What Does Calomel Electrode Mean?
A calomel electrode is a type of reference electrode used in electrochemical measurements to establish a stable reference potential. The calomel electrode is made up of a mercury-mercurous chloride (Hg/Hg2Cl2) electrode in contact with a solution of potassium chloride (KCl). It can be represented as:
Hg|Hg2Cl2KCl (xM) saturated
The electrode reaction is:
Hg2Cl2 + 2e Hg2Cl2 == 2Hg + 2Cl-
Corrosionpedia Explains Calomel Electrode
The calomel electrode is commonly used to establish a reference potential for measuring other electrode's potentials. The calomel electrode's electrode potential is known to be stable and reproducible, which makes it an ideal reference electrode for electrochemical measurements.
In practical applications, the calomel electrode is often used in conjunction with a working electrode to measure the potential difference between two electrodes. This potential difference can be used to calculate the concentration of a substance in solution or to determine the rate of a chemical reaction.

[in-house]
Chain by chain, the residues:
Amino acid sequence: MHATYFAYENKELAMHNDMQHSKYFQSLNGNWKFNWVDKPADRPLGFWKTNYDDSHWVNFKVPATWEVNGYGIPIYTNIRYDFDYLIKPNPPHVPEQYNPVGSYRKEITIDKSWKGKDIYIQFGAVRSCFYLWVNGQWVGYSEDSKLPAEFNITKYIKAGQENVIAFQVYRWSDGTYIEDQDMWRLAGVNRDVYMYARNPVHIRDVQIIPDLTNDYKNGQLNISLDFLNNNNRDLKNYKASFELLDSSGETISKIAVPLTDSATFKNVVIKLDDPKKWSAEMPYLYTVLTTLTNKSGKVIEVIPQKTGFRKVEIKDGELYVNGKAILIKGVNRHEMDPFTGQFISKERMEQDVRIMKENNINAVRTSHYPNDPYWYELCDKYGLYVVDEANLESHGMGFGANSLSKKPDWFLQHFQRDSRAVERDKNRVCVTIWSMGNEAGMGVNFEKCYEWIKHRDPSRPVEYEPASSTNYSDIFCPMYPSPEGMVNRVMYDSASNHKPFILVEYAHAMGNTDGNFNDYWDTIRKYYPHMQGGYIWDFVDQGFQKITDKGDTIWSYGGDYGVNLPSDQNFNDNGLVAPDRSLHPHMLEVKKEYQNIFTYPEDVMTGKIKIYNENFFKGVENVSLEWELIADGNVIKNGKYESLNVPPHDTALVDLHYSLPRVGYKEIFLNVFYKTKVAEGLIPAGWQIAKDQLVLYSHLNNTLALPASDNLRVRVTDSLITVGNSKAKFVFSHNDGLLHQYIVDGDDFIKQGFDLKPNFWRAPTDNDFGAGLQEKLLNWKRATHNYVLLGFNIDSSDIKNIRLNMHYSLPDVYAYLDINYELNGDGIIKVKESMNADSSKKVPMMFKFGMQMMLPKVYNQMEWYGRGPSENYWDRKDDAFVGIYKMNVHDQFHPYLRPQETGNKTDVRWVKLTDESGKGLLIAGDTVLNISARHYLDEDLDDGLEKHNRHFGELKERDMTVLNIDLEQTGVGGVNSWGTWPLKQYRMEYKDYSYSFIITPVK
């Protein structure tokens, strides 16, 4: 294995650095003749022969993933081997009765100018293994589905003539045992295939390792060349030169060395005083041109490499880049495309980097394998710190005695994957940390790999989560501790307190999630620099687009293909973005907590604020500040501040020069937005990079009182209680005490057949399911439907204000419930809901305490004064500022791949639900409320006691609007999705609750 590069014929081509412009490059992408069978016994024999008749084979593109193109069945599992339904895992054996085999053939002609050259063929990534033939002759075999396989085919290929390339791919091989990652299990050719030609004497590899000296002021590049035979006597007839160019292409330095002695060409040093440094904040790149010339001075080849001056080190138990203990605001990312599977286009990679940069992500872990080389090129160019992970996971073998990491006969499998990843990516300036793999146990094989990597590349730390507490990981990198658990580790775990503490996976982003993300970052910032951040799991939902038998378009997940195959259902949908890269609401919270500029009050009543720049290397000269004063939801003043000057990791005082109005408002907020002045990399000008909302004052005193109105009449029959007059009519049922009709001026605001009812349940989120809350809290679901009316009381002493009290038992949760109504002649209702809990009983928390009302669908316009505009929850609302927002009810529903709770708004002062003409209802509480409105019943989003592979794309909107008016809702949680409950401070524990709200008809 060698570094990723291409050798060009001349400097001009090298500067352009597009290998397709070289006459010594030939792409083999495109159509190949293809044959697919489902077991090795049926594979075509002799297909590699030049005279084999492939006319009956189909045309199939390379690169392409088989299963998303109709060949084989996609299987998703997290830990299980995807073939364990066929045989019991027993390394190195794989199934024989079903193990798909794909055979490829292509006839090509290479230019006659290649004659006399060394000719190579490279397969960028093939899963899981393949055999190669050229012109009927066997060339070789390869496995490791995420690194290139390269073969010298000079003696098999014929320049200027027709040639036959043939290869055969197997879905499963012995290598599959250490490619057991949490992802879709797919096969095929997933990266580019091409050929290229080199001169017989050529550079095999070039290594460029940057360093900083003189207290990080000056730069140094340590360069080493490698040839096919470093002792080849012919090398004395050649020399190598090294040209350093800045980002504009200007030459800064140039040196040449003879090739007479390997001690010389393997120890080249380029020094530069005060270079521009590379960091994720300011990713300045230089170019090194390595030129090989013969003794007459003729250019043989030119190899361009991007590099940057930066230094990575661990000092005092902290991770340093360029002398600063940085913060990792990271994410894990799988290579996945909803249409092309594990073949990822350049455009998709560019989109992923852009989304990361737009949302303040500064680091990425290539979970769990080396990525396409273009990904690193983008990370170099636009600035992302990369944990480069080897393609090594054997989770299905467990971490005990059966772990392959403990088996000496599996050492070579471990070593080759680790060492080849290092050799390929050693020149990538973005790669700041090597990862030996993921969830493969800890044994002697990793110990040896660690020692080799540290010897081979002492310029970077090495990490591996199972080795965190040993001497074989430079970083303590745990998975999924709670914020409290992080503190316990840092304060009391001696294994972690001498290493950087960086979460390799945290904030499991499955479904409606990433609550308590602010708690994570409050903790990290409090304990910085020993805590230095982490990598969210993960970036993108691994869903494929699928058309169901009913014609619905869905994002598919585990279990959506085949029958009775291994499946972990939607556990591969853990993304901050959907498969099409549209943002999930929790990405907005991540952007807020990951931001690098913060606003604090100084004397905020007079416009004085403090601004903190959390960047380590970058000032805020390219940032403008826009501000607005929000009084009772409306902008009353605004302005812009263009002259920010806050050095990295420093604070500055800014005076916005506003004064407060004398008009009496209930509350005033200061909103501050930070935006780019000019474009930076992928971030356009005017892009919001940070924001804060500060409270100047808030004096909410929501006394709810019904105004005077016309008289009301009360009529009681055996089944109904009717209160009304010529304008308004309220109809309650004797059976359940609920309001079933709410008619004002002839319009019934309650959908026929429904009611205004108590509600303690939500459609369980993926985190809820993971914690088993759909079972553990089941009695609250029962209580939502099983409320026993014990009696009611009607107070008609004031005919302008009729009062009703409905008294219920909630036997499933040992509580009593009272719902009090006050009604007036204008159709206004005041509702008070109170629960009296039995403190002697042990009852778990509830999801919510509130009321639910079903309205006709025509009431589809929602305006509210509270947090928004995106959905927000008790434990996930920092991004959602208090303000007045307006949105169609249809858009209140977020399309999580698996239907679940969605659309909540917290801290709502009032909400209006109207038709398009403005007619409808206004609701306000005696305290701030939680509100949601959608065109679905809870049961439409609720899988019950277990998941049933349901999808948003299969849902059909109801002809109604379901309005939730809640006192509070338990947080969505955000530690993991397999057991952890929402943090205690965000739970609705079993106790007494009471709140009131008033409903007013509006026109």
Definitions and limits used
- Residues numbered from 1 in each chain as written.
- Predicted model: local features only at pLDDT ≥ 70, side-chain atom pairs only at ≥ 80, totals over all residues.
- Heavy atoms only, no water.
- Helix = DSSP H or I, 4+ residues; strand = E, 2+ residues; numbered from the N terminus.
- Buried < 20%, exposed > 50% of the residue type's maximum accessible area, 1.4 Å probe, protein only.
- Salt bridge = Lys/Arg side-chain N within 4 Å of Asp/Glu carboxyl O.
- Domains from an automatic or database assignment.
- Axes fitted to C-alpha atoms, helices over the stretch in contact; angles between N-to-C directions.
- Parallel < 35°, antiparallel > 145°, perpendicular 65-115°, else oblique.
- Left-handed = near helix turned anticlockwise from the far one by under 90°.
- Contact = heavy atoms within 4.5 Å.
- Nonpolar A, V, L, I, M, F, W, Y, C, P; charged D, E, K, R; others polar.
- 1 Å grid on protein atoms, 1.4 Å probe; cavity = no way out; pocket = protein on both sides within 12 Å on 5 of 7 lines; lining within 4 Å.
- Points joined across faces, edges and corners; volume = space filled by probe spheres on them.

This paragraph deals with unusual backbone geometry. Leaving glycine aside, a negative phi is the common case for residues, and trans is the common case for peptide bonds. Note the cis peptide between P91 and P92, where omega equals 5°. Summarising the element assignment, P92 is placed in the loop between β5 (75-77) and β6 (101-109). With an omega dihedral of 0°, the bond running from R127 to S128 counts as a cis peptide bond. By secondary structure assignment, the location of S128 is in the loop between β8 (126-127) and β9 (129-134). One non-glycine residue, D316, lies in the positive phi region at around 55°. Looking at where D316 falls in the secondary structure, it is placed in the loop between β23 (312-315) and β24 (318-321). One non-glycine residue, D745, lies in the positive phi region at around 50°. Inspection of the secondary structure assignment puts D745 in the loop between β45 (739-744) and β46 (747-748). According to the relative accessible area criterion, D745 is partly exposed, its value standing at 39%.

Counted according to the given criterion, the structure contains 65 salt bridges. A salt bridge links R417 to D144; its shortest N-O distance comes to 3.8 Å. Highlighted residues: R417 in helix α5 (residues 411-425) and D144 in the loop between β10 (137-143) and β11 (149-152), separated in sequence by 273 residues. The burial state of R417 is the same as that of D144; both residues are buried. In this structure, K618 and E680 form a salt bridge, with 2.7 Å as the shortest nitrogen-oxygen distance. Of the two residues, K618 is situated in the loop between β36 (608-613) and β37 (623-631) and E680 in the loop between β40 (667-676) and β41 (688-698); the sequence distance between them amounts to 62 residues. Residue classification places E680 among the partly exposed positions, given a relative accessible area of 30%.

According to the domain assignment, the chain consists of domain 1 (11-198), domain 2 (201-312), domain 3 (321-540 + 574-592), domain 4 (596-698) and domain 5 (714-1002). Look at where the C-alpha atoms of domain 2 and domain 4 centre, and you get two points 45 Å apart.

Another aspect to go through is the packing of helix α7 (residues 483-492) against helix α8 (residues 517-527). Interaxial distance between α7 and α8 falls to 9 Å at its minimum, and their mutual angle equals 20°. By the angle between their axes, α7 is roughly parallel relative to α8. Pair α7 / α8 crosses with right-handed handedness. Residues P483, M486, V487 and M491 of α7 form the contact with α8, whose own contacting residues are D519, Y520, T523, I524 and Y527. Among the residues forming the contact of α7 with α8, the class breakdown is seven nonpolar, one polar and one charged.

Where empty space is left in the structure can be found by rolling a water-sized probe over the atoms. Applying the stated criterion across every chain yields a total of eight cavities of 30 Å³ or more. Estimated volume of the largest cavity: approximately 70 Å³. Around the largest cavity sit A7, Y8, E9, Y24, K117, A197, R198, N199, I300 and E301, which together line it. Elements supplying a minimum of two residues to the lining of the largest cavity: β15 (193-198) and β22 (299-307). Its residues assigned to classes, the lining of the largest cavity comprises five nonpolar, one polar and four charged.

The calomel electrode's potential is defined by the following equation:
Ecalomel = E°calomel + (RT / nF) ln [Hg2Cl2] / [Hg]
- "Ecalomel" is the potential of the calomel electrode.
- "E°calomel" is the standard potential of the calomel electrode.
- "R" is the gas constant.
- "T" is the temperature.
- "n" is the number of electrons transferred in the half-reaction.
- "F" is Faraday's constant.
- "[Hg2Cl2]" and "[Hg]" are the concentrations of the mercurous chloride and mercury ions, respectively.
Use of the calomel electrode is not limited to electrochemistry research. It is also used in medical laboratories to measure blood's pH and in environmental monitoring to measure pH and other properties of water samples.
Advantages of using calomel electrodes include:
- Easy set-up and reproduction.
- Convenient transportation.
- Less auxiliary assets required. Calomel electrodes come with a side tube containing a KCI solution, so no separate salt bridge is required.
- Stable potential. Calomel electrodes' potential does not change appreciably with time nor with slight temperature changes.